You can refer to the Scala project used in this article from GitHub here:

I’ve seen (and written) installation guides for Spark. This is a good one, as it goes beyond installation and into kicking off a project and ensuring that it works.

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Finding the Query Used in DirectQuery Mode

Kasper de Jonge shows us how we can find which query ran in DirectQuery mode to populate a Power BI data set:

When you are optimizing your DirectQuery model and you have done all the optimizations on the model already, you might want to run the queries generated by Power BI by your DBA. He then might be able to do some index tuning or even suggest some model changes. But how do you capture them? There are a few simple ways that I will describe here.

Read on for 3 1/2 such methods.

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When Transactional Replication Makes Sense

Jonathan Kehayias has some good use cases for transactional replication:

Why in the world would you want to use Transactional Replication?  Isn’t that the thing that is impossible to manage, difficult to configure, and always prone to problems? As a consultant, I see a lot of scenarios where every problem becomes a nail because all you have is a hammer. Sometimes another technology can provide a solution to problems that exist but little is known about the technology, and Transactional Replication tends to fall into this scenario in my experience. In this post we are going to take a look some of the more common Transactional Replication use cases as well as some scenarios where it can be used to solve a business problem in a different way. As with anything, Transactional Replication is just another tool to have in your toolbox.

To be fair, merge replication is much more impossible to manage, difficult to configure, and prone to problems…

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Azure Data Studio February Release

Alan Yu announces the February 2020 release of Azure Data Studio:

Azure Data Studio is a multi-database, cross-platform desktop environment for data professionals using the family of on-premises and cloud data platforms on Windows, MacOS, and Linux. To learn more, visit our Github.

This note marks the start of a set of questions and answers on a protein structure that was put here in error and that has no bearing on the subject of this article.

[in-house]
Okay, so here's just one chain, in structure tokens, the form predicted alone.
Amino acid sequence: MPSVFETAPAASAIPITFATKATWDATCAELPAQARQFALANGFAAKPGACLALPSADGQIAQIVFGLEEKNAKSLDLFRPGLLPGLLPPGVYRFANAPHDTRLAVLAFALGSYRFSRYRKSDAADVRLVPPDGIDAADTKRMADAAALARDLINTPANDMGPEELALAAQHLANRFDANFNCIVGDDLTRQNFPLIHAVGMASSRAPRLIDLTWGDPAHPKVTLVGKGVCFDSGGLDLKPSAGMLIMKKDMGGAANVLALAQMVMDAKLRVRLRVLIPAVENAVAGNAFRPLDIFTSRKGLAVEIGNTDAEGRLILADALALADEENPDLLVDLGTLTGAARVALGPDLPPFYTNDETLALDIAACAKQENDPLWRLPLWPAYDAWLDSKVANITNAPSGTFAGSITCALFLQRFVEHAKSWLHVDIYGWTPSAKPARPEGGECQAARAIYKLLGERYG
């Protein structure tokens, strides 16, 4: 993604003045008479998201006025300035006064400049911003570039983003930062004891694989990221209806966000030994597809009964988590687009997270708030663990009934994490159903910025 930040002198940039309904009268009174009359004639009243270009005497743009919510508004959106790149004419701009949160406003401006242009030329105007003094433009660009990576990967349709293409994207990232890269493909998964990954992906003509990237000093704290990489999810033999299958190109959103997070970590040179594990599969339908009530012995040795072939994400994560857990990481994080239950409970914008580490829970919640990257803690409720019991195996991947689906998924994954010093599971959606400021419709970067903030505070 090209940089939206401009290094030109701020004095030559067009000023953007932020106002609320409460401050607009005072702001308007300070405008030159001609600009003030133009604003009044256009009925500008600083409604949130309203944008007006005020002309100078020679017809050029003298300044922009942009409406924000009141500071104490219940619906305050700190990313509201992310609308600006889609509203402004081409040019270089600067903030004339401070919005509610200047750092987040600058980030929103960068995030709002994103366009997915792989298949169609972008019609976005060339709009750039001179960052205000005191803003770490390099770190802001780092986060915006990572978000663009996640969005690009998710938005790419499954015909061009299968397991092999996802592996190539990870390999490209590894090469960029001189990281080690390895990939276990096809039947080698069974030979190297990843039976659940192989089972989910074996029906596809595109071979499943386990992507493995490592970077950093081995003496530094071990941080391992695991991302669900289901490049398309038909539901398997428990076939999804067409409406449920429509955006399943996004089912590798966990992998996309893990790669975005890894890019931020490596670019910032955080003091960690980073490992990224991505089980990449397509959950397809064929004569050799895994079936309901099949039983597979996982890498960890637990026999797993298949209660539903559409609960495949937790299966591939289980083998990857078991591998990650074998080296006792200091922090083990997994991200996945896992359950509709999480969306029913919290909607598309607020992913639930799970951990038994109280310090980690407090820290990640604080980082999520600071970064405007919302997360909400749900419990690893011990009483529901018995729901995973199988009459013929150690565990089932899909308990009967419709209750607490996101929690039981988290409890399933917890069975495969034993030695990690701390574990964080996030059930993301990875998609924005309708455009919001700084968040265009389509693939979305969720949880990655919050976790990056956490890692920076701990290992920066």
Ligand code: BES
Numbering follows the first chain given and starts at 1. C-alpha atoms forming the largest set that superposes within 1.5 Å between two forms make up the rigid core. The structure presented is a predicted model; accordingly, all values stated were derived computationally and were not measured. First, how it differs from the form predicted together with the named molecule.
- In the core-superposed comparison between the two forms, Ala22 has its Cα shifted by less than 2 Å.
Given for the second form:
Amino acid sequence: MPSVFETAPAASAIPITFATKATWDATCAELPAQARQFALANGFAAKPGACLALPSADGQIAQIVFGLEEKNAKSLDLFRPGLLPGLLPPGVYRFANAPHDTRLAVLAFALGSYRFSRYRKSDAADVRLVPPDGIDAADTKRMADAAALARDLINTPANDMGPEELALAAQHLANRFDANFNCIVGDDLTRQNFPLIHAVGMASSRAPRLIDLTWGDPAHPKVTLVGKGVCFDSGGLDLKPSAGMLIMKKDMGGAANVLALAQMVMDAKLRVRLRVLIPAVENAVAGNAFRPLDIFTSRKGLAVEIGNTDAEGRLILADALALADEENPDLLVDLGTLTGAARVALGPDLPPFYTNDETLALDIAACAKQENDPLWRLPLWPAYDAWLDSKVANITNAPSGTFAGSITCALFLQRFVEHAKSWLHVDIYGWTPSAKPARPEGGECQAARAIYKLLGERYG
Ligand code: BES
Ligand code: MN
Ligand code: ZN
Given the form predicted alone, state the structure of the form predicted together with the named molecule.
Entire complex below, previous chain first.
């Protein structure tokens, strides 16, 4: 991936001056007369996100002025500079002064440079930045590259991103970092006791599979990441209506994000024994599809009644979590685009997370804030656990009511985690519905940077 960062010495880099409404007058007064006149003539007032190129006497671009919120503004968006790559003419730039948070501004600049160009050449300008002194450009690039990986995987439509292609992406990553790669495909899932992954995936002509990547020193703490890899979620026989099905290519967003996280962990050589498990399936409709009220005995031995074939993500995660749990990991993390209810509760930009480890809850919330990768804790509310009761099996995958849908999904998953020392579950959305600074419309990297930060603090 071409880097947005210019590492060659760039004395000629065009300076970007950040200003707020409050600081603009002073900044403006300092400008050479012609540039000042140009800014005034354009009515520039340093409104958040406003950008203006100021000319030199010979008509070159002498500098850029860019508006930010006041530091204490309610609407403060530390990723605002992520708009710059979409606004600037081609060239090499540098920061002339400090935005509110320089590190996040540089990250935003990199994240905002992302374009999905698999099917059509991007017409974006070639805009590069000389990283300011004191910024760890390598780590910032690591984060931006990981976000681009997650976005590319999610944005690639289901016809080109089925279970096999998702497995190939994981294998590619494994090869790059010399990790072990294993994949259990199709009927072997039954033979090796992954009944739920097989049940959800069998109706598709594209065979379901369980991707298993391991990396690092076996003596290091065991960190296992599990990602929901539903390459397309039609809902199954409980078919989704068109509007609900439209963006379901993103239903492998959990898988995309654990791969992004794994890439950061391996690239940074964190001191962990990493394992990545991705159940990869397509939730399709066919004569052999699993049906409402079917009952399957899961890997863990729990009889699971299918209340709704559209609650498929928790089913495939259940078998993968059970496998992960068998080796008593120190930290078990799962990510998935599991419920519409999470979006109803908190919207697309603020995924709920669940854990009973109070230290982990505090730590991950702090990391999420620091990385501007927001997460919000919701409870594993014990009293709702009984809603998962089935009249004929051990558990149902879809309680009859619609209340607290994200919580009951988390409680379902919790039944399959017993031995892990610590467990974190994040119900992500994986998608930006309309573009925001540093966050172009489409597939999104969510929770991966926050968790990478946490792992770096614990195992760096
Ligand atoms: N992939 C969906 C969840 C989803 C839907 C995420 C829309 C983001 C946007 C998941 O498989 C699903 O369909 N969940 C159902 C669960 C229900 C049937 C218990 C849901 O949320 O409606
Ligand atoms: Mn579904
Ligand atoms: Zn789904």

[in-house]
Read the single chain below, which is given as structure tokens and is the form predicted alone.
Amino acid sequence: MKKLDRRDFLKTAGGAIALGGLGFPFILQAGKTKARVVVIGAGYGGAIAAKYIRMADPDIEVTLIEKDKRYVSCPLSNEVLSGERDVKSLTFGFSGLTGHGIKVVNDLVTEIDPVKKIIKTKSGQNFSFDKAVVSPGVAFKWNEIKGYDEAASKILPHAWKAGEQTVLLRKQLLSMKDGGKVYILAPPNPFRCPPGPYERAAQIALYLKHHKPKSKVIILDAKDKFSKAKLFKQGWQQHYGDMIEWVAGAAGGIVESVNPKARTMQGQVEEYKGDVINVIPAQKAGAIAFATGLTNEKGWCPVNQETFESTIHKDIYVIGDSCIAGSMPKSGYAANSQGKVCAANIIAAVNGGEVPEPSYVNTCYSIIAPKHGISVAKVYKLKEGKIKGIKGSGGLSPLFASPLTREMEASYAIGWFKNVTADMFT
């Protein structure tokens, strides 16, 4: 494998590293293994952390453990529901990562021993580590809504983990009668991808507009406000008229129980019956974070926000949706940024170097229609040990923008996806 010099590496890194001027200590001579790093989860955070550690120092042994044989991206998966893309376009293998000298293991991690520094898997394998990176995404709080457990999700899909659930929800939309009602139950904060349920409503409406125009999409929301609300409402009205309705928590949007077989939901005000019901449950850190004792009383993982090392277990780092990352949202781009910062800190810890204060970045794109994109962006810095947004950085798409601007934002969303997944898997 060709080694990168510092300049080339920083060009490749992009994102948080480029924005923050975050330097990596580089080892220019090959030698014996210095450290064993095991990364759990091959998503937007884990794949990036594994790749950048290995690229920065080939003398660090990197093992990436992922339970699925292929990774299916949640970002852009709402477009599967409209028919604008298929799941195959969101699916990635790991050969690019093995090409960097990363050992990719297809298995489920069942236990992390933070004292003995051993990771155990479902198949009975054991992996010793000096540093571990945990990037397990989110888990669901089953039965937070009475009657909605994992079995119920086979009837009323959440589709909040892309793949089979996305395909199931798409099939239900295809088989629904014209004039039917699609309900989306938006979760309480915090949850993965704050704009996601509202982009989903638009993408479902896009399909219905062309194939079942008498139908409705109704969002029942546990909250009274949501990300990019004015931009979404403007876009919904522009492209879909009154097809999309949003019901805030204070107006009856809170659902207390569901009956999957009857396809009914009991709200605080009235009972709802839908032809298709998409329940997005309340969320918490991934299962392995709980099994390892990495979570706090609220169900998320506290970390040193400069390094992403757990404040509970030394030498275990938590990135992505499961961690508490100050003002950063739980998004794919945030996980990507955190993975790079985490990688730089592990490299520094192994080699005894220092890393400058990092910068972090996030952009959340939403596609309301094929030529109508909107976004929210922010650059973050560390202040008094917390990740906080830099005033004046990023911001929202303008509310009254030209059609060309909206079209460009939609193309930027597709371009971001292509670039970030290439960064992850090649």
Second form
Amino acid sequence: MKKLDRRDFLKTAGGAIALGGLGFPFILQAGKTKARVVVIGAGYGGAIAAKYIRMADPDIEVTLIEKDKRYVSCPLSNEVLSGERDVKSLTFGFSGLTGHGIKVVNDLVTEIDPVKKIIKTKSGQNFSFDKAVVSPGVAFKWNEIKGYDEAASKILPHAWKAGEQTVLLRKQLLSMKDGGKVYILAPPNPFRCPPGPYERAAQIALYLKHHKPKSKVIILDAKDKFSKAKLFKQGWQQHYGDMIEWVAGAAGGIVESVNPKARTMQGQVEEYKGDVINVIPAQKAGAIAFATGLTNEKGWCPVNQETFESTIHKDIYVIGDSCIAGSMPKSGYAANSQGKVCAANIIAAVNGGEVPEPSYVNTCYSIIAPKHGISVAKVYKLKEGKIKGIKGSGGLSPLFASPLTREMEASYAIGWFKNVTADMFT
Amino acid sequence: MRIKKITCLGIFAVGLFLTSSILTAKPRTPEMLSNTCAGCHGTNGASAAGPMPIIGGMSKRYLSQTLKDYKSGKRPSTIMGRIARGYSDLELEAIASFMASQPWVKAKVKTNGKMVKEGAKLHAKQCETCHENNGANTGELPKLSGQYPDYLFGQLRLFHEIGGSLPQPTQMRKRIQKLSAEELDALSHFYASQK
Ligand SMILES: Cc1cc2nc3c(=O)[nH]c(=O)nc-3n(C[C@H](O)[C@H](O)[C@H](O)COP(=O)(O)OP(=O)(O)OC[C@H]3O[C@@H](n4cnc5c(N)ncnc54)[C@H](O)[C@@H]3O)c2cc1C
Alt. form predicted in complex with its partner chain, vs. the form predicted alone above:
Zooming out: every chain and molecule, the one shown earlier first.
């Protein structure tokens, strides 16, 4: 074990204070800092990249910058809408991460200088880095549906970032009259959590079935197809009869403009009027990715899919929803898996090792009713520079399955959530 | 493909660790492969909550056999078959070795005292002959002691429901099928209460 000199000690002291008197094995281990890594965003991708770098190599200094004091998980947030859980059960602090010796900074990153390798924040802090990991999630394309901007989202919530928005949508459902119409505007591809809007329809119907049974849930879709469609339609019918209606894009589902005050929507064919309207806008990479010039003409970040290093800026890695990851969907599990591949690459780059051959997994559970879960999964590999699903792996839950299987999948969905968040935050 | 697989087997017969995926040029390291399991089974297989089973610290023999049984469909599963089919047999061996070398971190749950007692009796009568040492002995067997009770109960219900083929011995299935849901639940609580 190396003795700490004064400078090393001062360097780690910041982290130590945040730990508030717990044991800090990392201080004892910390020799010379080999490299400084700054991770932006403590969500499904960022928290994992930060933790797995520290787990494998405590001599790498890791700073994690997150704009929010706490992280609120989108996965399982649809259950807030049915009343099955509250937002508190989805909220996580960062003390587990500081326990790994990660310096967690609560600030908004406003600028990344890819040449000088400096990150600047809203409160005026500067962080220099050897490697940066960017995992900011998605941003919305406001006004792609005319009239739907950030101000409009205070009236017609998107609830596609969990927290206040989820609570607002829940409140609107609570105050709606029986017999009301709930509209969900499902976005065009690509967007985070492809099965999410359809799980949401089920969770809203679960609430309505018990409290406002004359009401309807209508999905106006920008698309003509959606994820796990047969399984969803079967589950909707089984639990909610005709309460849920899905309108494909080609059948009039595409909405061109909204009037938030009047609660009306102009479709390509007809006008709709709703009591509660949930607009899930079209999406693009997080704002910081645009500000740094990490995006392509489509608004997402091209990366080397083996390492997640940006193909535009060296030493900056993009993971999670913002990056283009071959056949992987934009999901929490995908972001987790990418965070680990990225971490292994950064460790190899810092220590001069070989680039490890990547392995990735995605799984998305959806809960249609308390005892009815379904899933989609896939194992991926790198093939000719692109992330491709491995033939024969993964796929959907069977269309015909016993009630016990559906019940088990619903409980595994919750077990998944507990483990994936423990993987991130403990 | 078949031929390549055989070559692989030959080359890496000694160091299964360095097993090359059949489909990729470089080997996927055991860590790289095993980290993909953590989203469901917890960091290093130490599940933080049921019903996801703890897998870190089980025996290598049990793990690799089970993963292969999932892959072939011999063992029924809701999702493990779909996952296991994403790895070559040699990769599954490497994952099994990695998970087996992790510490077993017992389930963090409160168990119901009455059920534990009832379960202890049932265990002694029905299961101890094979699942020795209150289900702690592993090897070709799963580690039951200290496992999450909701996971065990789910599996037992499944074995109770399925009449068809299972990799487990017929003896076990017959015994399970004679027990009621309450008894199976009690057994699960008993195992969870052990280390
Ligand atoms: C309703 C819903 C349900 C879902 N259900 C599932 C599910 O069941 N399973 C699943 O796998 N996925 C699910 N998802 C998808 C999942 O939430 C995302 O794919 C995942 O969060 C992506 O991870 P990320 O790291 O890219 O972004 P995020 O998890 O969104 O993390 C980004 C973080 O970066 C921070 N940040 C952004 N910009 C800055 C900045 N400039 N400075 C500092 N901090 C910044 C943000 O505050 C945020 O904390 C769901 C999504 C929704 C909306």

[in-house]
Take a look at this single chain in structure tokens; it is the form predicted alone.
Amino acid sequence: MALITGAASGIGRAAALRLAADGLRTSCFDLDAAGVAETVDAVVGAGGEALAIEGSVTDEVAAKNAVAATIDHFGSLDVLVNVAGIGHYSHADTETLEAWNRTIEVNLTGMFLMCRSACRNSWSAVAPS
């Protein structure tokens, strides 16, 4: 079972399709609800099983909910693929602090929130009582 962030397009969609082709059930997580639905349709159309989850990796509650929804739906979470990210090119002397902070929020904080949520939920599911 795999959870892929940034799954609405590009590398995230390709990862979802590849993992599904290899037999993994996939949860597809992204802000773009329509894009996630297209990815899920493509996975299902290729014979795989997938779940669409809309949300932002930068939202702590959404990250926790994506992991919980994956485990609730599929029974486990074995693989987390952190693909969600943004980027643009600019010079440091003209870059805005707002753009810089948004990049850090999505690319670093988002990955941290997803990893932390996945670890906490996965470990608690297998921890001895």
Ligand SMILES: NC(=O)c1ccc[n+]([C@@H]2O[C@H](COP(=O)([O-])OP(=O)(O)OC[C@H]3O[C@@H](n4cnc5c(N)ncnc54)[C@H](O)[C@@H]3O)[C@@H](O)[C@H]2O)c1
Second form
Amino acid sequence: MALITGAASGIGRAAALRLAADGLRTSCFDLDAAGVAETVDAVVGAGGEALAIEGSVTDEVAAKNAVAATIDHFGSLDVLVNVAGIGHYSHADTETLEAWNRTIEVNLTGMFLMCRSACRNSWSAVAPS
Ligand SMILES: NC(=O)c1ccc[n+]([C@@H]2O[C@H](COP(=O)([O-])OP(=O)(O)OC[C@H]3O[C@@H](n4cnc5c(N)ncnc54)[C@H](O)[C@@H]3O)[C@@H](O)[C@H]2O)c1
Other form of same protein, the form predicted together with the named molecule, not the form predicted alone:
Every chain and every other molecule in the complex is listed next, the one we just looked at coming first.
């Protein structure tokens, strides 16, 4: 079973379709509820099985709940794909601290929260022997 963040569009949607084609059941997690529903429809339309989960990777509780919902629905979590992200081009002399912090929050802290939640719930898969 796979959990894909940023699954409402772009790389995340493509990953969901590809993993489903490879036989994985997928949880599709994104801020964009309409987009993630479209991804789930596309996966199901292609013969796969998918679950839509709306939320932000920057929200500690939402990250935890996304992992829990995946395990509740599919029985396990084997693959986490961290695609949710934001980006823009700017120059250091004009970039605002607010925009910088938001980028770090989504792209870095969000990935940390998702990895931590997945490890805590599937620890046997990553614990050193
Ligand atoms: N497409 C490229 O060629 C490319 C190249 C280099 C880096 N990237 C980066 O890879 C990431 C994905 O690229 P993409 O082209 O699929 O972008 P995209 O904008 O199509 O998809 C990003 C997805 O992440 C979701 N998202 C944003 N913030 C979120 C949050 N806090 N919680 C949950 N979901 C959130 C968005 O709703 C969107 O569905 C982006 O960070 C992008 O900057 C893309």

The key highlights to cover this month include:

– Improved Azure sign in support.
– Find in Notebook support.
– Visual Studio Code merge to 1.42.
– Bug fixes.

Read on for more details on each topic.

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Loading the SQL Server Error Log into a Table

Jeff Mlakar shows how you can load the SQL Server error log into a table:

Why Not Just Use the File System?

When possible I prefer to go into the file system and open the SQL Server error logs in a text editor e.g. Notepad++ or UltraEdit. However, there are sometimes you may have access to a SQL Server instance but not be able to RDP or otherwise scan the file system.

That’s where this comes in – straight T-SQL.

Click through for demos.

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Monitoring for Distribution Changes

Nina Zumel explains how we can track if something has changed by monitoring its distribution:

A client recently came to us with a question: what’s a good way to monitor data or model output for changes? That is, how can you tell if new data is distributed differently from previous data, or if the distribution of scores returned by a model have changed? This client, like many others who have faced the same problem, simply checked whether the mean and standard deviation of the data had changed more than some amount, where the threshold value they checked against was selected in a more or less ad-hoc manner. But they were curious whether there was some other, perhaps more principled way, to check for a change in distribution.

The answer is, of course, that there is. Click through to see a few of the techniques.